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Radiation therapy for colorectal cancer

This page was reviewed under our medical and editorial policy by

Maurie Markman, MD, President, Medicine & Science at CTCA.

This page was updated on June 9, 2022.

Treatment for colorectal cancer may involve various steps. In addition to surgery and powerful drugs such as chemotherapy, radiation therapy may be a recommended part of your personalized care plan. In general, radiation therapy uses high-energy X-rays to kill cancer cells. In the treatment of colorectal cancer, it’s more widely used in cases of rectal cancer than colon cancer. Sometimes, chemotherapy is given at the same time as radiation therapy (a process called chemoradiation) in order to make the radiation therapy work better.

When is radiation therapy used to treat colorectal cancer?

Although used less often for colon cancer than rectal cancer, radiation therapy for colorectal cancer may be an option:

  • Before surgery, possibly in conjunction with chemotherapy, to make the tumor smaller and easier to remove (most often for rectal cancer)
  • During surgery to help destroy any remaining cancer cells (intraoperative radiation therapy, or IORT)
  • After surgery to help destroy remaining cancer cells
  • To help control painful symptoms caused by advanced colorectal cancer
  • To help control the cancer if surgery isn’t an option
  • To treat a cancer recurrence
  • To treat cancer that has metastasized or spread beyond the colon or rectum

How is radiation therapy administered for colorectal cancer?

Radiation therapy is delivered in a few different ways, depending on the specific source of the radiation:

  • External beam radiation therapy (EBRT): EBRT is radiation delivered externally by a machine. It’s the most common type of radiation therapy for colorectal cancer. When targeting cancer that has spread, newer forms of EBRT may be used, delivering more precise treatments that are designed to expose less nearby healthy tissue to the radiation. These technologies include 3D conformal radiation therapy, intensity modulated radiation therapy and stereotactic body radiation therapy.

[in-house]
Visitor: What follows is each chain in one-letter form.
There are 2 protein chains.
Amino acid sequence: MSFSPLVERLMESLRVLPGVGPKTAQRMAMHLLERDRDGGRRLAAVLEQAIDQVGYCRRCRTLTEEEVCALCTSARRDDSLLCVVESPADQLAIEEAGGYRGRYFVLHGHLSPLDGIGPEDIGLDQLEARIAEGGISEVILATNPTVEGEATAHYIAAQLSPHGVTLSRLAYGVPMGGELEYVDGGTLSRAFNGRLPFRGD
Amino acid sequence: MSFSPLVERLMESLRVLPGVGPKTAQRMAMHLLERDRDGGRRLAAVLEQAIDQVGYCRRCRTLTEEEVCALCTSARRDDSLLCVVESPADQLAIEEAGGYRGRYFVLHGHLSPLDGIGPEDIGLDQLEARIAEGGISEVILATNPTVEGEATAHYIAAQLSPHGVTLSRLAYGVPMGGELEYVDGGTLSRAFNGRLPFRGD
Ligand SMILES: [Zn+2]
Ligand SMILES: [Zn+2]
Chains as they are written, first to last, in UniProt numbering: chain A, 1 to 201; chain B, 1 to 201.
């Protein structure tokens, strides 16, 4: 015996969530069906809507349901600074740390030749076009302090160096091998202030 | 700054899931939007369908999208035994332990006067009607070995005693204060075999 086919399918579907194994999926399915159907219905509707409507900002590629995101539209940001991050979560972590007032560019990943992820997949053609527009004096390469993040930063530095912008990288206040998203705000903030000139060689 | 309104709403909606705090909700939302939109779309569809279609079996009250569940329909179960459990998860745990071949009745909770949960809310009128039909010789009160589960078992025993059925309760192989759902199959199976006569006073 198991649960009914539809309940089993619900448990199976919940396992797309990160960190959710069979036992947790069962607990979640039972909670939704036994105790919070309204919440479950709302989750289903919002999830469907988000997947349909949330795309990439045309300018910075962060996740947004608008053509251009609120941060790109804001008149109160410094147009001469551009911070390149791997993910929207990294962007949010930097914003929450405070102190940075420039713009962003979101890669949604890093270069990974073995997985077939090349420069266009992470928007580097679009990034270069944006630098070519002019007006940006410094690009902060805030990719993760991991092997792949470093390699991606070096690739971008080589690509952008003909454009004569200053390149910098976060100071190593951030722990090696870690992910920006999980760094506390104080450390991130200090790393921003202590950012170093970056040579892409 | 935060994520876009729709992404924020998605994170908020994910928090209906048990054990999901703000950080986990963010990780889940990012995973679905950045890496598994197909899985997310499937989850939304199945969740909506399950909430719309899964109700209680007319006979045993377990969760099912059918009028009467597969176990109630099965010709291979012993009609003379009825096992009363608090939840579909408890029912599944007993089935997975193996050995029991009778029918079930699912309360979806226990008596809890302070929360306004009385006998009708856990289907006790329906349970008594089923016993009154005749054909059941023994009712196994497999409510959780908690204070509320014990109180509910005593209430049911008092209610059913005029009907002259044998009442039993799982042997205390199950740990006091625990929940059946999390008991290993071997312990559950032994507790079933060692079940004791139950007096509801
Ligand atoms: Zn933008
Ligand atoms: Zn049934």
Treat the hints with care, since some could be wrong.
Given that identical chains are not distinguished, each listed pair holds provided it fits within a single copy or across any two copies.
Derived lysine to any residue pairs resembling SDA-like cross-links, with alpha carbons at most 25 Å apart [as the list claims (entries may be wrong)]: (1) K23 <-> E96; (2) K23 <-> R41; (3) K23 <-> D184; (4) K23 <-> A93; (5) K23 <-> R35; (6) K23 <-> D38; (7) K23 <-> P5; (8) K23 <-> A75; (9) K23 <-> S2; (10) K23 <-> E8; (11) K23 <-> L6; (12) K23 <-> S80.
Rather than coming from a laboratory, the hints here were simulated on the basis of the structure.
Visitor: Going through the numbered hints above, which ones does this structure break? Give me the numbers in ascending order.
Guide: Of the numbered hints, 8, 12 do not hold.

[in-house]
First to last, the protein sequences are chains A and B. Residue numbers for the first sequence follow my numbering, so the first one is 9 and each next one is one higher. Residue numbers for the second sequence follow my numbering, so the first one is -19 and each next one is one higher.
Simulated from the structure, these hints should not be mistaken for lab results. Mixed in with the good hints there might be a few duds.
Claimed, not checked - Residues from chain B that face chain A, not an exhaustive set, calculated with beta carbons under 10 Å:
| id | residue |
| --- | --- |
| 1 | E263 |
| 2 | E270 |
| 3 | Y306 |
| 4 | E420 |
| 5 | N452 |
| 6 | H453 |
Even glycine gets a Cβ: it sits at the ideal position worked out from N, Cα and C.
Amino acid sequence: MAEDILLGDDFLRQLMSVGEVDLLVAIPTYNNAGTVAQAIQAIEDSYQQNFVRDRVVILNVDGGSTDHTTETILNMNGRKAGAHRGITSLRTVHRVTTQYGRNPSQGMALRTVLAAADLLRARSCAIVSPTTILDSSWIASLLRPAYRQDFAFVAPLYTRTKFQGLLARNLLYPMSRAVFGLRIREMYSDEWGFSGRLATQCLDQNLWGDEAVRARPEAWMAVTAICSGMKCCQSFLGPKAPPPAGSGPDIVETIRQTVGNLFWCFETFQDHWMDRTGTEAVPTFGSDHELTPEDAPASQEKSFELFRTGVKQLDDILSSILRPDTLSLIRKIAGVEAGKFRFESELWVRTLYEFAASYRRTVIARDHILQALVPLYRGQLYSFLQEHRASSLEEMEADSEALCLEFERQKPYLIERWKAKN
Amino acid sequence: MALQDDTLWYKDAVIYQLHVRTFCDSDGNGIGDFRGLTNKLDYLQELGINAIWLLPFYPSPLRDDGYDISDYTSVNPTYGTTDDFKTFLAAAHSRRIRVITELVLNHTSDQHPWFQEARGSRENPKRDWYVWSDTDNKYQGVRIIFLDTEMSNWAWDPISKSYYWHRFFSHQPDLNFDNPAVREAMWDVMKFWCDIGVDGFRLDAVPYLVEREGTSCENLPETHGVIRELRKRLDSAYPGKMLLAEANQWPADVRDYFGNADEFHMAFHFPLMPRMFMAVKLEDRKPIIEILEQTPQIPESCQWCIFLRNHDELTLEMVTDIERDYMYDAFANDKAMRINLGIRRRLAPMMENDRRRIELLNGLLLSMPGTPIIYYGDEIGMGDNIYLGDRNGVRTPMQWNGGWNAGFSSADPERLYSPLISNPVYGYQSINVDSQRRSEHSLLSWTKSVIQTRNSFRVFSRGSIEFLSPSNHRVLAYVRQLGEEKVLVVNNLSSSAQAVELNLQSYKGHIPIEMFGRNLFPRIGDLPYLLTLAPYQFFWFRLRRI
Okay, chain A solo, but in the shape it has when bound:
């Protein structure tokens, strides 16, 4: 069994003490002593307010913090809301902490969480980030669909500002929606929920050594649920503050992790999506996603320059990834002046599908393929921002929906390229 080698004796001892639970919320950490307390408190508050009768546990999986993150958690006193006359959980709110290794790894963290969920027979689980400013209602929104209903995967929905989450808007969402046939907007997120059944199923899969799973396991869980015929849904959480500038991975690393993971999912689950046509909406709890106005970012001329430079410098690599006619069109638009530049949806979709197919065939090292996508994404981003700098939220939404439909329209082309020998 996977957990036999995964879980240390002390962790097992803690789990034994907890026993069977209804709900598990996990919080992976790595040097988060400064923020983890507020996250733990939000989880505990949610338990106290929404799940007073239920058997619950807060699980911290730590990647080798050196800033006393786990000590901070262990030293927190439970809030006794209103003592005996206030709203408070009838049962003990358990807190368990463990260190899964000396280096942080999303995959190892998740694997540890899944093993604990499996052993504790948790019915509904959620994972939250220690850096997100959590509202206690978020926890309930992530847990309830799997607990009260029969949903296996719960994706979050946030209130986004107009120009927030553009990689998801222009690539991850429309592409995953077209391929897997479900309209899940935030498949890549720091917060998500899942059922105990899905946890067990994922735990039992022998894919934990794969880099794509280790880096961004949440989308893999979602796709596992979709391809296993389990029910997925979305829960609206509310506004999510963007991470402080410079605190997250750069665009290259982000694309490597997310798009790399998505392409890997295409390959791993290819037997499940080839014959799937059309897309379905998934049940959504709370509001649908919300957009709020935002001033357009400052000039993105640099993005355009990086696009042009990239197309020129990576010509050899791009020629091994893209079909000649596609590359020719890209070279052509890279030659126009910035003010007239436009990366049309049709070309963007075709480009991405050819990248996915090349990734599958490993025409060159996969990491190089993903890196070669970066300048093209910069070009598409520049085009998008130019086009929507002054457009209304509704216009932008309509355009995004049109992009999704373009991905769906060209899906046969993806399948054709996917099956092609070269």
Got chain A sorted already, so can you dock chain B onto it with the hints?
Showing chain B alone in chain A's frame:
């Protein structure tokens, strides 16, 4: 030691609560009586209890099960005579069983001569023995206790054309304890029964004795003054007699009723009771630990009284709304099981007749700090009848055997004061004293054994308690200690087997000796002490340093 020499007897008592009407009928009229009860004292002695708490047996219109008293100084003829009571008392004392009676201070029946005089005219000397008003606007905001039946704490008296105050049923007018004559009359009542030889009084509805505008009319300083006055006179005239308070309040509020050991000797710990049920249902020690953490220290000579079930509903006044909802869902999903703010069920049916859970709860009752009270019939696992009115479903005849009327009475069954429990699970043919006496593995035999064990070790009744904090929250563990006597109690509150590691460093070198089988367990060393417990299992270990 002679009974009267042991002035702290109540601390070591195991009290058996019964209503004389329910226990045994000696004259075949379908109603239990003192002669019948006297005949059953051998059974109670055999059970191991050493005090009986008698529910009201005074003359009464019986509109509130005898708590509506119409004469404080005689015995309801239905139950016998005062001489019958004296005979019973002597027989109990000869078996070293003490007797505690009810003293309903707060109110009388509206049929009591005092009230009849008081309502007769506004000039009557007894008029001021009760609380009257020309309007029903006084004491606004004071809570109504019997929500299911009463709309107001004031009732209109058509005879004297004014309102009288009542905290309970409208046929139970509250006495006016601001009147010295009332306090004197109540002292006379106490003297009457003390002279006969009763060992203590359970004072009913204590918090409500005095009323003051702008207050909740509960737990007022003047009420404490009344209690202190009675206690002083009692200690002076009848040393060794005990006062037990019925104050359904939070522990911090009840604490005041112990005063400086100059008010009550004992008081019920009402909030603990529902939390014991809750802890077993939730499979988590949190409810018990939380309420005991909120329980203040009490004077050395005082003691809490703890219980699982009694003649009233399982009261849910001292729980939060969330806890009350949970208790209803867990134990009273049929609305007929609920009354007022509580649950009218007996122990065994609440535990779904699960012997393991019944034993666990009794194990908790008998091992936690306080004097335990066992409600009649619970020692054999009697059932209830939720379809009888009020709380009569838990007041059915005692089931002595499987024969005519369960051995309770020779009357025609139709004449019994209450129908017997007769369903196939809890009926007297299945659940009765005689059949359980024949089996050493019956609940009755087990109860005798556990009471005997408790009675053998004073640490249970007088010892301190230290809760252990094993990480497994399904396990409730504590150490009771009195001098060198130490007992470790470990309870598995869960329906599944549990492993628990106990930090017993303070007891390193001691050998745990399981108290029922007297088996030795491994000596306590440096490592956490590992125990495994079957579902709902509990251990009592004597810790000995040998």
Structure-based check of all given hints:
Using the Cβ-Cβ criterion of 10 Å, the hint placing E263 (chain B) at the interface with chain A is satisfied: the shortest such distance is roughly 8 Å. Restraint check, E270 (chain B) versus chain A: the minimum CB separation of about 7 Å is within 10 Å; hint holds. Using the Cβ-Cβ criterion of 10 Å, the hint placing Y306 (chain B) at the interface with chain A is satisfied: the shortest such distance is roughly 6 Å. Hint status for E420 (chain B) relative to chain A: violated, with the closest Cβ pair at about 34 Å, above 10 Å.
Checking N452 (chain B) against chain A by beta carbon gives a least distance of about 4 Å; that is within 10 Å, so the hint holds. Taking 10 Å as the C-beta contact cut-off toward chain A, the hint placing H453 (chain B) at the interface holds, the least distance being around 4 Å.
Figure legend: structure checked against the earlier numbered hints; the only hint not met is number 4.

• Brachytherapy: This type of radiation therapy places radioactive material inside the body. For rectal cancer, this treatment involves placing a radioactive source within or right next to the tumor. Ways to deliver the radiation include endocavitary radiation, which uses a device that looks like a balloon, and interstitial brachytherapy, which delivers radiation to the tumor from a radioactive pellet.
  • Radioembolization: This form of treatment is used for colorectal cancer that’s spread to the liver. It involves injecting small beads coated with radioactive material into the hepatic artery in the liver. The beads give off radiation that targets cancer in the liver.

How long does it take to administer radiation therapy for colorectal cancer?

The length of radiation treatments varies depending on the radiation technique. For instance, with EBRT, you may receive radiation therapy for a few days or weeks. The most common schedule for endocavitary radiation therapy is four treatments lasting just minutes each and given at two-week intervals. Interstitial brachytherapy may be administered just once or a couple of times a week over a few weeks.

The type of cancer also determines the length of time you’ll have radiation therapy. For example, when it’s given prior to surgery for rectal cancer, it may be started five or six weeks in advance of the surgery date.

Talk to your care team to get a better understanding of how long your radiation therapy may last.

Side effects of radiation therapy for colorectal cancer

As with other cancer treatments, radiation therapy may cause side effects. Most go away when treatment stops, but some may continue. Possible side effects include:

  • Bloody stools
  • Burning or pain while urinating
  • Diarrhea
  • Fatigue
  • Feeling like you have to urinate often
  • Leakage of stool
  • Nausea
  • Painful bowel movements
  • Red, blistering or peeling skin where the radiation beams were used
  • Vaginal irritation for women
  • Sexual challenges in men and women

Sexual challenges may include infertility when radiation therapy is delivered to the pelvic regopm. Talk with your care team in advance to learn more about how radiation therapy could affect your sexual health and what options you may have for preserving your fertility.

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